|PNB’s ‘Giselle’ hits all the high notes of tragedy and romance|
|Written by Deborah Stone|
“Giselle” captivated audiences in Paris when it premiered in 1841. A lush score, exquisite choreography and a tragic love story gave it all the ingredients for success, and it went on to become one of ballet’s greatest classics. But, although it has had many restagings and revivals over the years, the famed historical ballet has never been in PNB’s repertory.
Not until now. Peter Boal, PNB’s artistic director, who has long wanted to bring the ballet to Seattle audiences, was initially unsure of how to incorporate “Giselle” into the company’s repertoire. As he states in his program note, “I looked at impressive contemporary productions and time-honored traditional ones, never finding one that was right for us. I wanted to do more than recreate another company’s production and I didn’t want to choreograph one myself.” Boal’s solution was to reconstruct the ballet’s earliest Parisian choreography through the use of several 19th-century sources.
With the help of PNB’s assistant artistic director and dance historian Doug Fullington, along with University of Oregon scholar and historical adviser Marian Smith, “Giselle” has been given a new life. In this never-been-seen interpretation, Giselle’s character is spunkier, with a mind of her own, which makes it even more startling when she loses it upon finding out that her lover (who has been disguised as a peasant) is actually a duke betrothed to another. Additionally, a number of comic scenes with villagers have been restored to the ballet, which serves to provide welcome elements of humor and break up the dark nature of the narrative.
PNB’s staging also incorporates several elaborate mime sequences, which were an integral part of the original production and used as storytelling devices. In this timeless and moving tale, Giselle, a young, innocent peasant girl, falls for a philandering prince named Albrecht. When she learns of his deception, she goes mad and succumbs to an early death of a broken heart. She comes back as a Wili, a member of a sisterhood of spirits, all would-be-brides doomed to dance men to death in the forest at night. When her lover appears, she defies her supernatural orders and saves him from his cruel fate.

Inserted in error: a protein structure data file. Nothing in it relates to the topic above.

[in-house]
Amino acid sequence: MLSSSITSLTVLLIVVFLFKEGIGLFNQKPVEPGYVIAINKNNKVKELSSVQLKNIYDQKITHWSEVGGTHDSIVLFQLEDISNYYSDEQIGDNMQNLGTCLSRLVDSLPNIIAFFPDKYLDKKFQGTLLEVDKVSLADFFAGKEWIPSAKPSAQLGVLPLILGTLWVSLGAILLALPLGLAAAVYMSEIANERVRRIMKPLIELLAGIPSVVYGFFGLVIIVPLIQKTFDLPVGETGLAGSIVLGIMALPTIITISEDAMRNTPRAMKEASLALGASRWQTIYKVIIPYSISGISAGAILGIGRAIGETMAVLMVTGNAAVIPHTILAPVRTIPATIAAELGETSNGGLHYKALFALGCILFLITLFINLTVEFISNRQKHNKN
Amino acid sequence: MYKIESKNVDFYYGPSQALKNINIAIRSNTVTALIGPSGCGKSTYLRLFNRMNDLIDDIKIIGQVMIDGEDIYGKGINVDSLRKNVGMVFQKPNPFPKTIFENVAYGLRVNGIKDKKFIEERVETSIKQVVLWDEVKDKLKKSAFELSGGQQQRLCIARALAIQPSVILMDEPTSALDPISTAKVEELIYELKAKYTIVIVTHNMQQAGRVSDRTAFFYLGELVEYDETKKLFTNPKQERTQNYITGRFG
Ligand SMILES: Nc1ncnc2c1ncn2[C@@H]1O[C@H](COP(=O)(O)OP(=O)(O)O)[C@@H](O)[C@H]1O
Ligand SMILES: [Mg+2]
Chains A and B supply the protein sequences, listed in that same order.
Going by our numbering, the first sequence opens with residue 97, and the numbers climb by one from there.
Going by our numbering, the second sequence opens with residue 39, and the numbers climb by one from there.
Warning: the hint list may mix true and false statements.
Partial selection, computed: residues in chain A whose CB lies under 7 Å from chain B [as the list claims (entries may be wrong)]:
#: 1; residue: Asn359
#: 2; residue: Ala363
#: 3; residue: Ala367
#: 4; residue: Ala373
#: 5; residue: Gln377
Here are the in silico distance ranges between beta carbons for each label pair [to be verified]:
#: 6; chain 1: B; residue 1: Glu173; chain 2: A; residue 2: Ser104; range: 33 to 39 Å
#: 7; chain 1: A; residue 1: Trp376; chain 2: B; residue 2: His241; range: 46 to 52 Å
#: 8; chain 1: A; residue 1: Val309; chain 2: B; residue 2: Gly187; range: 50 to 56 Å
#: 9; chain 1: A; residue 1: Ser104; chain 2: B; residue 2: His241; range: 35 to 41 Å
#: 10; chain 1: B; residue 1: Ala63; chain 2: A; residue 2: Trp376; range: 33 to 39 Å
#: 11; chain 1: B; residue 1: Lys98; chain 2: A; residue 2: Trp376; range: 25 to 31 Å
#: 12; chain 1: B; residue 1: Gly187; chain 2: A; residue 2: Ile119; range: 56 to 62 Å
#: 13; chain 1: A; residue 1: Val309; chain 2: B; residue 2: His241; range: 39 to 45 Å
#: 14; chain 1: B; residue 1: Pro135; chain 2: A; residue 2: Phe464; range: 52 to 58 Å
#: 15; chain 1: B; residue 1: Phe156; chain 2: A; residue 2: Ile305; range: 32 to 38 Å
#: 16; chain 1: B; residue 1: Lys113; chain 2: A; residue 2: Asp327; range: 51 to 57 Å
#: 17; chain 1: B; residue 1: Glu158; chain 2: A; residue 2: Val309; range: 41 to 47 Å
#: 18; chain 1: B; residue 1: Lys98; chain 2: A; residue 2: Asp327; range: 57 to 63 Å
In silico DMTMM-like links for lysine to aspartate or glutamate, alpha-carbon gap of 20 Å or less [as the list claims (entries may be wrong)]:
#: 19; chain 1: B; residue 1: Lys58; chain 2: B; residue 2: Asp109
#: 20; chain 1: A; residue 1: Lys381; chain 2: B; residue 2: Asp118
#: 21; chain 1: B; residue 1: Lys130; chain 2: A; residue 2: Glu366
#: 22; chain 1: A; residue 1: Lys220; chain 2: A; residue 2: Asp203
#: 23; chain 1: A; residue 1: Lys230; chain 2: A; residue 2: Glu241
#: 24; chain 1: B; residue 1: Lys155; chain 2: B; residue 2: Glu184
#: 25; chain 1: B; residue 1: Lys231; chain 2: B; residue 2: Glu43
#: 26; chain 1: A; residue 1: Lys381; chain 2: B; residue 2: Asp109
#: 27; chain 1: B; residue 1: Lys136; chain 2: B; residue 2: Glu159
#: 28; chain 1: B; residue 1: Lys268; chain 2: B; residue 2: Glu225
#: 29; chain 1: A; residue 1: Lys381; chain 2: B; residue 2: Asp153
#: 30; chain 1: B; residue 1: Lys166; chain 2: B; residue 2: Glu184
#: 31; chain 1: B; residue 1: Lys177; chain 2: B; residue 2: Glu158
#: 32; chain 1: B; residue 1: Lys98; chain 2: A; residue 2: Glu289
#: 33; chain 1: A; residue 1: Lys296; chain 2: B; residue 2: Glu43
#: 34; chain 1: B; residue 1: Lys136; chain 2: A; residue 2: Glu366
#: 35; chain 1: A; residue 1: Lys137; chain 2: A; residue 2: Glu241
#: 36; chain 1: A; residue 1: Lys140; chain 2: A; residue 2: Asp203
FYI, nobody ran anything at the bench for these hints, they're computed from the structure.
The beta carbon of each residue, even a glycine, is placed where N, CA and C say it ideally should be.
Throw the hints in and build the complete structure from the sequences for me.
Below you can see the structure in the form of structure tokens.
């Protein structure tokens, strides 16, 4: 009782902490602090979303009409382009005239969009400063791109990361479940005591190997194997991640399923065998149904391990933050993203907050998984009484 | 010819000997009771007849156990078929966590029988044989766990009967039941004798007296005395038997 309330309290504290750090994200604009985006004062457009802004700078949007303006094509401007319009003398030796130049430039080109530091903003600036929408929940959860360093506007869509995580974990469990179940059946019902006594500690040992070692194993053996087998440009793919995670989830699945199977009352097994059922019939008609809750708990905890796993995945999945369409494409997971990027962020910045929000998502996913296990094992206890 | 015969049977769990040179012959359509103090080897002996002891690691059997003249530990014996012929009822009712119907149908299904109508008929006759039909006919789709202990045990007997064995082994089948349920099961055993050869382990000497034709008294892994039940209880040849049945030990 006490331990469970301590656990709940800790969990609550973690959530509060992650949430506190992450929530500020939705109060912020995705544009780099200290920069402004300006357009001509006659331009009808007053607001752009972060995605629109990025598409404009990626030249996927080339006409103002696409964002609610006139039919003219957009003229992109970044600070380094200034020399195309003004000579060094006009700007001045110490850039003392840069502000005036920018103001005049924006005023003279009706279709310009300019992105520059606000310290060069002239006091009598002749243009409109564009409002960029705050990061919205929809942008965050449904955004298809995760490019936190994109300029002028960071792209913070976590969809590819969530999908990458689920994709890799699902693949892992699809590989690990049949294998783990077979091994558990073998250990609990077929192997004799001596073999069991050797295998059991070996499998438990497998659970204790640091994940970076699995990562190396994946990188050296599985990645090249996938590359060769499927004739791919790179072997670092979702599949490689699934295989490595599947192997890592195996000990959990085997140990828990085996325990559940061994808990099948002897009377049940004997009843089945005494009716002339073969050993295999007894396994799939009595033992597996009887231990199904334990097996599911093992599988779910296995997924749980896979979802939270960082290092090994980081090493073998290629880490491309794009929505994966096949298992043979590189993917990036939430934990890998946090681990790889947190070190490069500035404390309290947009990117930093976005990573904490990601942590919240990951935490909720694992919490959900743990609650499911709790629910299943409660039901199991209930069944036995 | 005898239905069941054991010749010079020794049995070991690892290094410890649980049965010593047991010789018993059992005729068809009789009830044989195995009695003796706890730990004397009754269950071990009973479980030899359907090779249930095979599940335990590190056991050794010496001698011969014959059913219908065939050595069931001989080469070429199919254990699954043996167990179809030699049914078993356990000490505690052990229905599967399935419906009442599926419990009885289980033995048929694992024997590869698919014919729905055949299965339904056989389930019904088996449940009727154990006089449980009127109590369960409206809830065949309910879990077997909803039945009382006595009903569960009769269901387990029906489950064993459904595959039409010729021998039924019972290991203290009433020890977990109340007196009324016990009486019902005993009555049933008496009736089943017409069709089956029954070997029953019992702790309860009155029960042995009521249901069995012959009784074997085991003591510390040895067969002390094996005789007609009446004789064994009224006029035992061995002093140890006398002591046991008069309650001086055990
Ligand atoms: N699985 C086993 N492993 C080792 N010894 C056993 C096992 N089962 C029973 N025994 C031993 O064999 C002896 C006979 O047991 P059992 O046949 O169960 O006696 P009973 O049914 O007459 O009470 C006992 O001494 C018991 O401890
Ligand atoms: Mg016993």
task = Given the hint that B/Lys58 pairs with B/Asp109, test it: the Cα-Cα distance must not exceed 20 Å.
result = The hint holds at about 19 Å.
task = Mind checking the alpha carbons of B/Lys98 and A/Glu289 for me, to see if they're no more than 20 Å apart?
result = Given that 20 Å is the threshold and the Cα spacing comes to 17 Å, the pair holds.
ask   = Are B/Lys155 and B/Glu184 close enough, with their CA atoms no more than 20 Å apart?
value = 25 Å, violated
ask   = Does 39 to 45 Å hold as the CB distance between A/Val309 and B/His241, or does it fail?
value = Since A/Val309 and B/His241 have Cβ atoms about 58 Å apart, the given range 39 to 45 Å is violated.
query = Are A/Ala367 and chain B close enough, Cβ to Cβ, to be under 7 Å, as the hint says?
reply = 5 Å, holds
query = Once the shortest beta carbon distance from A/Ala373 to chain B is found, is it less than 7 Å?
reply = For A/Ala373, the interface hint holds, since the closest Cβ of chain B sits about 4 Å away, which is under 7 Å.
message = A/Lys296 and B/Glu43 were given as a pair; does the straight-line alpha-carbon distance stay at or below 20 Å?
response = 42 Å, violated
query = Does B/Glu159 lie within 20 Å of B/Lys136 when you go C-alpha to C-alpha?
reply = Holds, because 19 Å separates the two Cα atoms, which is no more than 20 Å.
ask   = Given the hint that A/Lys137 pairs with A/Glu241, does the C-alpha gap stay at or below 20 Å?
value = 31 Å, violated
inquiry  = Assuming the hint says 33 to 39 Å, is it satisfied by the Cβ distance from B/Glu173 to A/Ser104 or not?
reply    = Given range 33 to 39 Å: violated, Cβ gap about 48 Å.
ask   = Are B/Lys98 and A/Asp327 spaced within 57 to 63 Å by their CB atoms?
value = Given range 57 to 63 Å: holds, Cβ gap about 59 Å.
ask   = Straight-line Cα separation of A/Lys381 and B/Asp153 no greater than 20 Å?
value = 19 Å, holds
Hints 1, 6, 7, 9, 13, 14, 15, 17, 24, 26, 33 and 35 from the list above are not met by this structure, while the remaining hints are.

PNB’s production includes all the requisite dramatic elements of this fabled tragedy and brings it to life with stunning results. The dancing is top-notch, with breathtaking performances by Kaori Nakamura in the lead role and Lucien Postlewaite as the Duke. Nakamura enchants as first a flirty, carefree young girl who would rather dance and make merry than dutifully help harvest the grapes. Later, she emerges, rising from her grave wrapped in a shroud. Transformed into a Wili, she becomes an ethereal apparition and appears to almost float on air with a quiet, wispy grace. In her inhuman form, she seems remote, yet she still manages to convey emotion. One senses her sadness and the undying love she holds for the Duke despite his betrayal.
Postlewaite makes a handsome, virile Duke with a boyish air. He has a charming stage presence and wows the audience with his magnificent jumps and the deeply personal interpretation he brings to the role. Also of special note are Jeffrey Stanton as Hilarion, the love-spurned gamekeeper, and Maria Chapman as Myrtha, the powerful and menacing Queen of the Wilis.
And the Wilis, those eerie specters in white, are to be equally commended. Dancing with pinpoint technical precision, they create a haunting image that lasts long after the final curtain call. In PNB’s capable hands (and feet!), this uniquely crafted “Giselle” is a thing of magic – a lush and lovely production that hits all the high notes of tragedy and romance – and is guaranteed to become a classic of its own in the years to come.
PNB’s “Giselle” runs through June 12th at McCaw Hall in Seattle. For ticket information: 206-441-2424 or visit www.pnb.org